Samsung’s latest solid state drive is super-fast, supporting sequential read speeds up to 1,500 MB/s and write speeds up to 900MB/s. It can also hold a lot of storage: Samsung plans to offer models with up to 512GB of storage.

But the new Samsung PM971-NVMe SSD is tiny: it weighs just 1 gram and measures 20mm x 16mm x 1.5mm. That makes it smaller than an SD card (32mm x 24mm) or a typical postage stamp (24mm x 22mm).

samsung ssd_01


While we’re comparing sizes, I should point out there are a few more relevant comparisons: Samsung says the new SSD is about 1/5th the size of an M.2 SSD and 1/100th the size of a 2.5 inch SSD or hard drive… and those are the things it’s most likely to replace.

Long story short, you can expect this tiny, speedy, high capacity storage system to be used in tight spaces such as tablets or ultra-thin laptops.

Samsung says it saved space by putting the V-NAND flash, an LPDDR mobile DRAM chip, and a controller all into a single ball grid array package.

Samsung has begun mass producing the new SSD and plans to deliver versions in 128GB, 256GB, and 512GB capacities soon.

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16 replies on “Samsung’s new SSD is smaller than an SD card… but way faster”

  1. Depending on a controller design … configuring these as RAID storage should become very practical in a 2.5″ format.

  2. this article reads terribly. Seriously needs a rewrite with some grammar and maybe also some fact checking. Is it smaller than SD or uSD card? Why is Sandisk mentioned in the beginning? Are you comparing similar Sandisk and Samsung products?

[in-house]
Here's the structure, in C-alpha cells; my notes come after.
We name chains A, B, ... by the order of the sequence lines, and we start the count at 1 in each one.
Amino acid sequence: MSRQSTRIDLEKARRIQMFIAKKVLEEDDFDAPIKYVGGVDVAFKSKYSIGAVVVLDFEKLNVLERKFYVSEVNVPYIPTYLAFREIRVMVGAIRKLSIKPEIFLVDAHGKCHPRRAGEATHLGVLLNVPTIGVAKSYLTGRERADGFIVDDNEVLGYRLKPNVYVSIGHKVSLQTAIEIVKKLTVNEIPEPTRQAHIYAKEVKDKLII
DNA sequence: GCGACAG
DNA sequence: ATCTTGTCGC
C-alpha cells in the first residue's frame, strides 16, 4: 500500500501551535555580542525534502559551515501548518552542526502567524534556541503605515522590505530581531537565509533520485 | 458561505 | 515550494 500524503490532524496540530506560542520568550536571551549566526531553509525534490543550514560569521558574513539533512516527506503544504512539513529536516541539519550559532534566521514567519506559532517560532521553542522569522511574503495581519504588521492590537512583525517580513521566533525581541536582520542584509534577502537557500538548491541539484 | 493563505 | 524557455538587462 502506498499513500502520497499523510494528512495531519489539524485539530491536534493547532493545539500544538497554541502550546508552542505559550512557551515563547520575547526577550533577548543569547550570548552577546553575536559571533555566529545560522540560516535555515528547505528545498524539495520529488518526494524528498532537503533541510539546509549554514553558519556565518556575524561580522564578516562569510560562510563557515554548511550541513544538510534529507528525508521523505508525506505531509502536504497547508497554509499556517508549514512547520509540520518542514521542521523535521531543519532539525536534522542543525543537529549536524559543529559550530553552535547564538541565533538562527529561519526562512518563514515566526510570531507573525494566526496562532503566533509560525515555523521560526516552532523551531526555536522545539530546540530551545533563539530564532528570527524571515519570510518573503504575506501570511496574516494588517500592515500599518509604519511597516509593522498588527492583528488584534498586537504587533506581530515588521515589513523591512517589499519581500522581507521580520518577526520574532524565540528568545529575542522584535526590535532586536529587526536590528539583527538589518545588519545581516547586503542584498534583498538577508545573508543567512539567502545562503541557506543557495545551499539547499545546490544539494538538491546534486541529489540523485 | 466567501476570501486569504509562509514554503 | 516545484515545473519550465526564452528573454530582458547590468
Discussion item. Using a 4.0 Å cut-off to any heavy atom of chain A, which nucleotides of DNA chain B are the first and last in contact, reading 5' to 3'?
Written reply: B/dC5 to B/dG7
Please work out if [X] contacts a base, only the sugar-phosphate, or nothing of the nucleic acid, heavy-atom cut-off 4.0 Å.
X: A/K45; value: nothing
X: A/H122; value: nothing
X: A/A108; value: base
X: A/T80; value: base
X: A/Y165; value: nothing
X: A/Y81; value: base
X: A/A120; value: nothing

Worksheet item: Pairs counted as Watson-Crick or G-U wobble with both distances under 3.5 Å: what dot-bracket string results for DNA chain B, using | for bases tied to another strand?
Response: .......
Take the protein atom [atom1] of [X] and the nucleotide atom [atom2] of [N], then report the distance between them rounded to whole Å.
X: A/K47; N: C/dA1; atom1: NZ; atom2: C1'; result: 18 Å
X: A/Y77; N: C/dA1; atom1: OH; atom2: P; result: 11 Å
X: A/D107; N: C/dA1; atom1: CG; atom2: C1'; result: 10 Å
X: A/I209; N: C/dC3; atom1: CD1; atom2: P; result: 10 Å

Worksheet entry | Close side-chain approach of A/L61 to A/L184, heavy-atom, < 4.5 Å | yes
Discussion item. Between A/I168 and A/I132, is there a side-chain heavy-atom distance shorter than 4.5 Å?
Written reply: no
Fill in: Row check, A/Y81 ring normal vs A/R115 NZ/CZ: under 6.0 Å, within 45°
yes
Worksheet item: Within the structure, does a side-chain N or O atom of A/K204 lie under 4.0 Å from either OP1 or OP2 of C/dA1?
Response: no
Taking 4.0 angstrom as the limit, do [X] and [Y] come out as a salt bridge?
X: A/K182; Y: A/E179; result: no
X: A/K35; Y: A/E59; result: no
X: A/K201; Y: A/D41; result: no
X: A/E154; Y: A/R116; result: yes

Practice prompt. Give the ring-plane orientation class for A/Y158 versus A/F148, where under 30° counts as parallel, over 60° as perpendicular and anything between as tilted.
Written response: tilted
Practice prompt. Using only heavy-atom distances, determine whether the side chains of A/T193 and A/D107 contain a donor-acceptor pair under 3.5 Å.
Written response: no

Seriously. Rewrite it.

    1. Just put it alongside my full-height 5.25 inch 360kb IBM PC floppy disk drive and you’ll feel better about it. 🙂

  3. Damn Daniel! That would flood USB 3.1 I think. I’d be happy to give it a go though when actual 3.1 ports become common.

  4. This is quite the leap in technology, but this looks like the final nail in the coffin for user-replaceable/upgradable SSDs.

    1. Only for mobile centric products, I think… This would be a good replacement for eMMC as long as the price isn’t much higher and there isn’t a significant power cost involved.

      But higher end products should still use the more traditional drives, especially as they continue to push higher capacities that will soon be in the TB range… After all, high capacities are one of the reasons why HDDs are still around… and those larger SSDs will still be able to offer even better performance…

      1. Even there I’d hope Project Ara style technology would take off and allow for swapping components. Google may have significantly hobbled their tech by scaling it back, but it’s a pretty sound idea.

      2. Yeah I’d have to agree, this is far more likely an alternative to eMMC devices than hard drives or conventional SSDs.

      3. I wouldn’t be at all surprised if ultrabooks adopt this technology, with consumers having to lock in their SSD size on purchase. With the increasing reliance on streaming and cloud storage, I doubt it will be a major issue for most customers of that format.

  5. I came here to note that this probably doesn’t include the power controller or the io controller, but impressively it seems that they put all three in a single bga package. Pretty cool, but what interface will they end up using?

    1. Replying to my own comment, I wonder if they plan to integrate into a mainboard using the PCIe lanes directly or instead mount these on NGFF cards and then interface to PCIe

Comments are closed.